Finally, Picard as role model: I think this is really where my authentic connection to Picard starts to grow. Picard’s struggle is how to not just save his crewmember, his friend’s son, and his responsibility; his struggle is to save him in a way that keeps integrity with Picard’s own ethical system. He initially has the power to simply move Wesley to safety. Instead he looks to keep from breaking relationship with the Edo, and grapples with a code of behavior he finds to be a source of wisdom and right relationship. Picard embodies something that appears to be missing from the larger Starfleet culture: an awareness of the *work* it took to remove the isms they are so proud to be lacking, and a willingness to continue to grapple and strive to improve. Also, even as he moves from having the upper hand to being at the mercy of a larger power, he continues to deliberate out of compassion and mercy. One of his last statements pleading his case is, “There can be no justice so long as laws are absolute. Even life itself is an exercise in exceptions.” This stuck with me, and I suspect taught me something about having compassion for myself, eventually (the lack of such in my life was already an issue). Picard also displays a love of learning about other people, not just in an intellectual sense, but in a personal sense as well.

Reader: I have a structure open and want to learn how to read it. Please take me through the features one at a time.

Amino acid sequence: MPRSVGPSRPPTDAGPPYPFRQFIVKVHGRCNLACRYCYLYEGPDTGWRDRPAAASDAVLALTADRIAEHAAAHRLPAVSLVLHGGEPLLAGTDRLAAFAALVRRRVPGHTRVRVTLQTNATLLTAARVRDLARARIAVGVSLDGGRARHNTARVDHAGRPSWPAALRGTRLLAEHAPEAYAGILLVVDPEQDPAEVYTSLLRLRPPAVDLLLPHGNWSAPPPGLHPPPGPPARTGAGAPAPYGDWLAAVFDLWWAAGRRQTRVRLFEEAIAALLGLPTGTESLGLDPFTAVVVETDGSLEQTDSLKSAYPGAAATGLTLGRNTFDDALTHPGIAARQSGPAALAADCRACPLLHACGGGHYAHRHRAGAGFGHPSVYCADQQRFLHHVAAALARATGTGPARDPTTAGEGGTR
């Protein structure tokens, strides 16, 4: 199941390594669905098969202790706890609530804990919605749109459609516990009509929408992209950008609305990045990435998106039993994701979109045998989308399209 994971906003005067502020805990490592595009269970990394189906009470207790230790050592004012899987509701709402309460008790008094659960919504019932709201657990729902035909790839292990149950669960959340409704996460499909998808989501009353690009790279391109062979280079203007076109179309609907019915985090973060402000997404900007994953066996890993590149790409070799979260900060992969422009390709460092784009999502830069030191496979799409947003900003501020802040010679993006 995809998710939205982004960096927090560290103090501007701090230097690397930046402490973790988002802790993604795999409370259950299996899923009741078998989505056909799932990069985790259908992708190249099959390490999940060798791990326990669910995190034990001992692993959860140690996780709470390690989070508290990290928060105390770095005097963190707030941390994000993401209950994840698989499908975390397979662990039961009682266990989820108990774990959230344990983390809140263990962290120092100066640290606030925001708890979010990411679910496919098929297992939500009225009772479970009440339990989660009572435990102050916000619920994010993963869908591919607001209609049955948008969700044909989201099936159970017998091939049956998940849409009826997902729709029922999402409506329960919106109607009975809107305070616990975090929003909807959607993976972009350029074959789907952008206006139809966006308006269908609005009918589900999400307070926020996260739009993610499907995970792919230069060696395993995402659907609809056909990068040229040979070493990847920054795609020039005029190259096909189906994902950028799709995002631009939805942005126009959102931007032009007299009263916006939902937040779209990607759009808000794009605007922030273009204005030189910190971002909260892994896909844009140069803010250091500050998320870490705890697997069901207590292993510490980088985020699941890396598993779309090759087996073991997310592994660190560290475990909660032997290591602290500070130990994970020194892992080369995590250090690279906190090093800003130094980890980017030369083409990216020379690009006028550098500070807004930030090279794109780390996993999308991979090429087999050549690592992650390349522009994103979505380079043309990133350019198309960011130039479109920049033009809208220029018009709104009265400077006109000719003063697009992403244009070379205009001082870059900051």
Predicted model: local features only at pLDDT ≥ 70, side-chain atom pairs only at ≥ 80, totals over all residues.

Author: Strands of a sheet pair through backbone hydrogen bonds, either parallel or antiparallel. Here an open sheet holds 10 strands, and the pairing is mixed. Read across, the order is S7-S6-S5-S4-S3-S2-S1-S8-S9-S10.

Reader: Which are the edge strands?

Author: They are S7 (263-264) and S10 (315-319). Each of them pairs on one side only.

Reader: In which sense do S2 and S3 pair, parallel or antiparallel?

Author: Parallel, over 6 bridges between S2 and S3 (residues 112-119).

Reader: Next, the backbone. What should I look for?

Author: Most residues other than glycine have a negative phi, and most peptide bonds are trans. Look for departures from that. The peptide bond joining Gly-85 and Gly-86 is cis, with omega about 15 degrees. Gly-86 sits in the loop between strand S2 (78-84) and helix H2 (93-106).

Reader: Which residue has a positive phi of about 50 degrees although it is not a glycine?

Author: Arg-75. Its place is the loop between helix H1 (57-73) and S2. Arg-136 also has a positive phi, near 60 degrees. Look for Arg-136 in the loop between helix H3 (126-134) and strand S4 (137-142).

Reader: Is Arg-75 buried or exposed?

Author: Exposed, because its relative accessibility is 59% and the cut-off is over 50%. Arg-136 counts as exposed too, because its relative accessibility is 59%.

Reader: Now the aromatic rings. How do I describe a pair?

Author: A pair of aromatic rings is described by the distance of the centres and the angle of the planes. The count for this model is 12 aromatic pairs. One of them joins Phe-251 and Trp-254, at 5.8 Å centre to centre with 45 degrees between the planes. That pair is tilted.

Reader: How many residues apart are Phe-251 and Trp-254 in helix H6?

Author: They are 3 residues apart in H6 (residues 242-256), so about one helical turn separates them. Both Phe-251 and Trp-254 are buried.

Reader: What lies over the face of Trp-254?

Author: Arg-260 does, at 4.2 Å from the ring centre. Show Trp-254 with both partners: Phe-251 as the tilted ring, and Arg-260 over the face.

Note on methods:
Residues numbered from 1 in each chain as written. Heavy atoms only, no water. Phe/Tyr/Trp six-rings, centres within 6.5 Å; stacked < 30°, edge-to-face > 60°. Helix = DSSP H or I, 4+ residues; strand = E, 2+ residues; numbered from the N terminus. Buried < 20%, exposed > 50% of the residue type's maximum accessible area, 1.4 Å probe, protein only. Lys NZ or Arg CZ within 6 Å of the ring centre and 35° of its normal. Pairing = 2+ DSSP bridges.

Yet again, the culture of the week is equated with barbarism (by one of the Edo themselves). And we’ll talk later about portrayals of religion, as that develops. The writers are also building their own evolutionary theory here: they’ve established that humans have evolved past a history of savagery. What they begin to establish here is the future of evolution for humans: past flesh, past embodiment, past particularity of time and space. This will be worth watching as it develops as well.

1. Photo from Memory Alpha. Thanks, y’all.

Published in: on June 2, 2012 at 2:08 am  Leave a Comment